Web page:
Alabama Senate to vote on lottery and casino bill next week

Republican Senator Del Marsh of Anniston has stated a revised version of the Alabama lottery and casino bill will be up for a state Senate vote next Tuesday.
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Republican Senator Del Marsh of Anniston has confirmed that a revised version of the Alabama lottery and casino bill will be up for a vote in the state Senate next Tuesday, according to The Bellingham Herald.

Even though last-minute negotiations over the number of casinos and other details are still taking place, Marsh believes his proposal to start a lottery and have as many as 10 casinos in the Yellowhammer State will meet its first major test next week.

If approved by both chambers of the state’s Legislature, the bill will go to a public vote for final approval, putting the issue of gambling before voters for the first time in over 20 years.

Alabama is one of just five states without a state lottery. Alabamians voted down the idea of a state lottery in 1999, but Marsh argues it’s time to ask the public again, and he believes they will approve it this time.

“The polling shows even among Republicans, the vast majority are ready to vote on this,” he said, adding that he thinks that they will vote to approve it.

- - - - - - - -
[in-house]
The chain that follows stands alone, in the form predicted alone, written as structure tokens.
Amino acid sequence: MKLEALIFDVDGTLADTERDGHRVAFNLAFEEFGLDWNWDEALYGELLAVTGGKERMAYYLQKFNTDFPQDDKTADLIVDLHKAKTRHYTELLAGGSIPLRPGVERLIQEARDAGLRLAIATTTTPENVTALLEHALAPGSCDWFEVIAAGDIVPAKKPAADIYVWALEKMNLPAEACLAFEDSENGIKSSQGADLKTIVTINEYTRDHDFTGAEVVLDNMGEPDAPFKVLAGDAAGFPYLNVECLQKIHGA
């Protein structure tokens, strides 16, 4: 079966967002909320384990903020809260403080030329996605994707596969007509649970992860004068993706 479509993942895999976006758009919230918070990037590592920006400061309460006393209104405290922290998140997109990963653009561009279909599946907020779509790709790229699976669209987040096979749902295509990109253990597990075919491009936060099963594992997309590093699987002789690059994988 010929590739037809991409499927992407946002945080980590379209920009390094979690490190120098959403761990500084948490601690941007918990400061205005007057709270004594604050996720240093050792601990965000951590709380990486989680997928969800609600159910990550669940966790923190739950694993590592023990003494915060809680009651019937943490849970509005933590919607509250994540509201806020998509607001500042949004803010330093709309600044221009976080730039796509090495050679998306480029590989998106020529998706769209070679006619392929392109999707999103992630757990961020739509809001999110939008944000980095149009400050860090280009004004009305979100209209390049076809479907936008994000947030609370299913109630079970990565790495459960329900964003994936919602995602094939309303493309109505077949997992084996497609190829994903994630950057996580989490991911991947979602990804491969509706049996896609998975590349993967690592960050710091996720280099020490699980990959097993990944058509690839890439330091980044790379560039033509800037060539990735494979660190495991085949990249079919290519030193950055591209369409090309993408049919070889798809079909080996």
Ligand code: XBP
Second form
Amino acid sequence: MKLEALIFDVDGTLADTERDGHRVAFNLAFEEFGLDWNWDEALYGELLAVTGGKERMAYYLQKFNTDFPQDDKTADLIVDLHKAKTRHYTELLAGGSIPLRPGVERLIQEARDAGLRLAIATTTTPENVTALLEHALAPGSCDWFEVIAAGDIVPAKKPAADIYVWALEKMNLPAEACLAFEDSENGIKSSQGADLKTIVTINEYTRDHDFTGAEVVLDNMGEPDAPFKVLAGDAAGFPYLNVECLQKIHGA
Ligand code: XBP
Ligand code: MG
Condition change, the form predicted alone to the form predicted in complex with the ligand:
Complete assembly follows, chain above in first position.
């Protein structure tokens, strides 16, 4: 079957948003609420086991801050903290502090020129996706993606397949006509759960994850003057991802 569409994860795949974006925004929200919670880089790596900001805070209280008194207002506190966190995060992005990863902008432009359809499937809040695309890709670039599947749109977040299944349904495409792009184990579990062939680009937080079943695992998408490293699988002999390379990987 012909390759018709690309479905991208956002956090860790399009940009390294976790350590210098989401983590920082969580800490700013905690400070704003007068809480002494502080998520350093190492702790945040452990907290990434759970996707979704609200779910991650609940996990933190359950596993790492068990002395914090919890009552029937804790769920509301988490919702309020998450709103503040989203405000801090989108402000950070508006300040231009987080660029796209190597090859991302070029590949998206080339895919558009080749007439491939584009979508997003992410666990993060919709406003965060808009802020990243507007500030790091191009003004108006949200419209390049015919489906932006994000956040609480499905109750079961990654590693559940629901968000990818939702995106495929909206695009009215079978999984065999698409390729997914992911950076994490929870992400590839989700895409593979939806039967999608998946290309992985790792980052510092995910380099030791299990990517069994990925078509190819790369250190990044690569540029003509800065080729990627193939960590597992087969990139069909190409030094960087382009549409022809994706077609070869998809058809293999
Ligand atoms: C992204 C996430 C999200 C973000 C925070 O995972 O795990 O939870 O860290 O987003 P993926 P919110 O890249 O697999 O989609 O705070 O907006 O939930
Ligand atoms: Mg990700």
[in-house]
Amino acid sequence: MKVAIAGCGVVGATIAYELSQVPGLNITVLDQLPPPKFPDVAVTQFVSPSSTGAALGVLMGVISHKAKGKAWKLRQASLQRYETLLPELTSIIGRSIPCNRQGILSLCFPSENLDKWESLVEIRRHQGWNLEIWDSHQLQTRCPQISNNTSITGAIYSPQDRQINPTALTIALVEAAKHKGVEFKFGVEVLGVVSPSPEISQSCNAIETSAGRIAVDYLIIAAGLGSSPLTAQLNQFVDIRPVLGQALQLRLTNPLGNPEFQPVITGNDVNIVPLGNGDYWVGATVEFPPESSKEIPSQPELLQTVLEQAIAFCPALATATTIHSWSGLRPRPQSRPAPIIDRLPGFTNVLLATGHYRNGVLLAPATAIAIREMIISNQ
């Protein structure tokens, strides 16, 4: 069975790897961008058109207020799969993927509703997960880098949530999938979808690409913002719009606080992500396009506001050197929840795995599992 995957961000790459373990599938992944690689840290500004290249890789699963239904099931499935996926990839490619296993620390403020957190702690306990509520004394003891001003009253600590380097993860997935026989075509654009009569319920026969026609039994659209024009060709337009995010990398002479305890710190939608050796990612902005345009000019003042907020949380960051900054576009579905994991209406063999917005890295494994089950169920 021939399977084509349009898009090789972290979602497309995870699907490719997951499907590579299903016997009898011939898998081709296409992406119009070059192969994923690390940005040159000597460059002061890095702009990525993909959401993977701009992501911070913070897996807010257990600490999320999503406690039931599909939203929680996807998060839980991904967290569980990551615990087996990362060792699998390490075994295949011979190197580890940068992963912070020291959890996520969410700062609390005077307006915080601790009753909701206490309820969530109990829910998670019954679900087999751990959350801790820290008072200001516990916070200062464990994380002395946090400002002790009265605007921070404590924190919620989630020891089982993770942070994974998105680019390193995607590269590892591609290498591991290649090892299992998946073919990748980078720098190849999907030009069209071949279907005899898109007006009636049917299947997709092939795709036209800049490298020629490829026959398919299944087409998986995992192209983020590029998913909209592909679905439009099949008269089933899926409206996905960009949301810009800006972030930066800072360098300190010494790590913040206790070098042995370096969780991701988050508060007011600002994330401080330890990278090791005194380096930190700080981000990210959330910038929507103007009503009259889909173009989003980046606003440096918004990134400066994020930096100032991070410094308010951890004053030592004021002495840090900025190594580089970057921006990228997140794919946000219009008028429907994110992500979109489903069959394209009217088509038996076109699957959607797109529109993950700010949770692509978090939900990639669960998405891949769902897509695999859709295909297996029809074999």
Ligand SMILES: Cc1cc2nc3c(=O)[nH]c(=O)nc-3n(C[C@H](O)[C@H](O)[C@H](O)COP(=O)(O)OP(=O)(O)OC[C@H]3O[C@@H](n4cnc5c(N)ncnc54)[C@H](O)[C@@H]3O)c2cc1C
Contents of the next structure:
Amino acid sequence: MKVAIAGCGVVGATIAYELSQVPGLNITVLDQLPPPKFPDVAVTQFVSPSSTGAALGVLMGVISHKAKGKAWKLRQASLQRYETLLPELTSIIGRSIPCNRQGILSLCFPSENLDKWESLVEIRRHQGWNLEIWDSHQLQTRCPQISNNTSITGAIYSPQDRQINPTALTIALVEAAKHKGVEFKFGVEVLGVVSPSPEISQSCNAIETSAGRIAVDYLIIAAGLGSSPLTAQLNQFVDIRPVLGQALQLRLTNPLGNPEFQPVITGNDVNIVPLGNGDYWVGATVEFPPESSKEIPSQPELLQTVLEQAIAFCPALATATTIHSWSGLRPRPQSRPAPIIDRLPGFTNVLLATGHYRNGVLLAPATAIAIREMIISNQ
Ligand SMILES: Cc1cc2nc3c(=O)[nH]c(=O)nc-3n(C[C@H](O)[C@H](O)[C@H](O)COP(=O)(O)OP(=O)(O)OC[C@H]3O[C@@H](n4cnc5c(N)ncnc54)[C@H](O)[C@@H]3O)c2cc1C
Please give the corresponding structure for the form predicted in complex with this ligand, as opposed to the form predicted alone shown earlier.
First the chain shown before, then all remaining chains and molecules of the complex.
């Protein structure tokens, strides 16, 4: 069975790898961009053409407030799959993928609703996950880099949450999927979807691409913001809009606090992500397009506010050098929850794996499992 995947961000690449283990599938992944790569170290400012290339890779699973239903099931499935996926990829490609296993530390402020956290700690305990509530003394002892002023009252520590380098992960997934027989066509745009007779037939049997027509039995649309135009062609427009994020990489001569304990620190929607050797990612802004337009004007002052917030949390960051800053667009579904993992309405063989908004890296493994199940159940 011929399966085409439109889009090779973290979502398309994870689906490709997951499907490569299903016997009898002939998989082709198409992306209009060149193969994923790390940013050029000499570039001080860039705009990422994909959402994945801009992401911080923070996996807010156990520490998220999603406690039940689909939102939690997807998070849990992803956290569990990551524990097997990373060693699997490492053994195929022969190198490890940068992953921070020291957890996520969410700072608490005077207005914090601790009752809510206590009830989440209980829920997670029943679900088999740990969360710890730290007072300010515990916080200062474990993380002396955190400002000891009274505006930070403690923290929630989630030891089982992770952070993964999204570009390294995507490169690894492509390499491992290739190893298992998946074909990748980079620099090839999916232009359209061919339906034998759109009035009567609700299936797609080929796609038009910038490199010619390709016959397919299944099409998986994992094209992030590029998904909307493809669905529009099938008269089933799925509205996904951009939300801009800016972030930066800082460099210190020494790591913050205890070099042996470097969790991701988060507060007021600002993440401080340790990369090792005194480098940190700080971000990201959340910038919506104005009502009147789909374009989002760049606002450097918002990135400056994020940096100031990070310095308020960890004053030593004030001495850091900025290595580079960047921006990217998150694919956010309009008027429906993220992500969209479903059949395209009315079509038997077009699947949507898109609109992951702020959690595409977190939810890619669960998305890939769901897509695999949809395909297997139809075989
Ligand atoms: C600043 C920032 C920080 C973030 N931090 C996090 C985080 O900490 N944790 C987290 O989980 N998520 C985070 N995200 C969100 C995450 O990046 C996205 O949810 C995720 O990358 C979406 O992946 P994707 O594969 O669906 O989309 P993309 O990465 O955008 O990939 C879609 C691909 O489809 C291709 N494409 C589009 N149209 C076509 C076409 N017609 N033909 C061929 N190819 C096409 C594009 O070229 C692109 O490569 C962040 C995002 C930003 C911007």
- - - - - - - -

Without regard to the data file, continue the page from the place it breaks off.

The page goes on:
“There’s no doubt that the lottery is more popular. But the gaming is actually more popular than I expected in the polling.”

The current bill proposes establishing a state lottery and five casinos, one at four existing dog tracks plus a fifth site in north Alabama that would be run by the Poarch Band of Creek Indians.

It also urges the governor to negotiate with the Poarch Band for a compact involving its three existing sites that currently have electronic bingo machines. Other smaller operators, including sites in Lowndes and Houston counties, have asked to be included.

Marsh said one idea is to increase the five sites to seven based on the state’s congressional districts, and have would-be casino operators apply for the licence in those two districts.

The senator believes he has the 21 votes needed to pass the bill in the 35-member Senate, adding the additional work should boost its chances in the House of Representatives, a body that has traditionally been more sceptical of gambling legislation.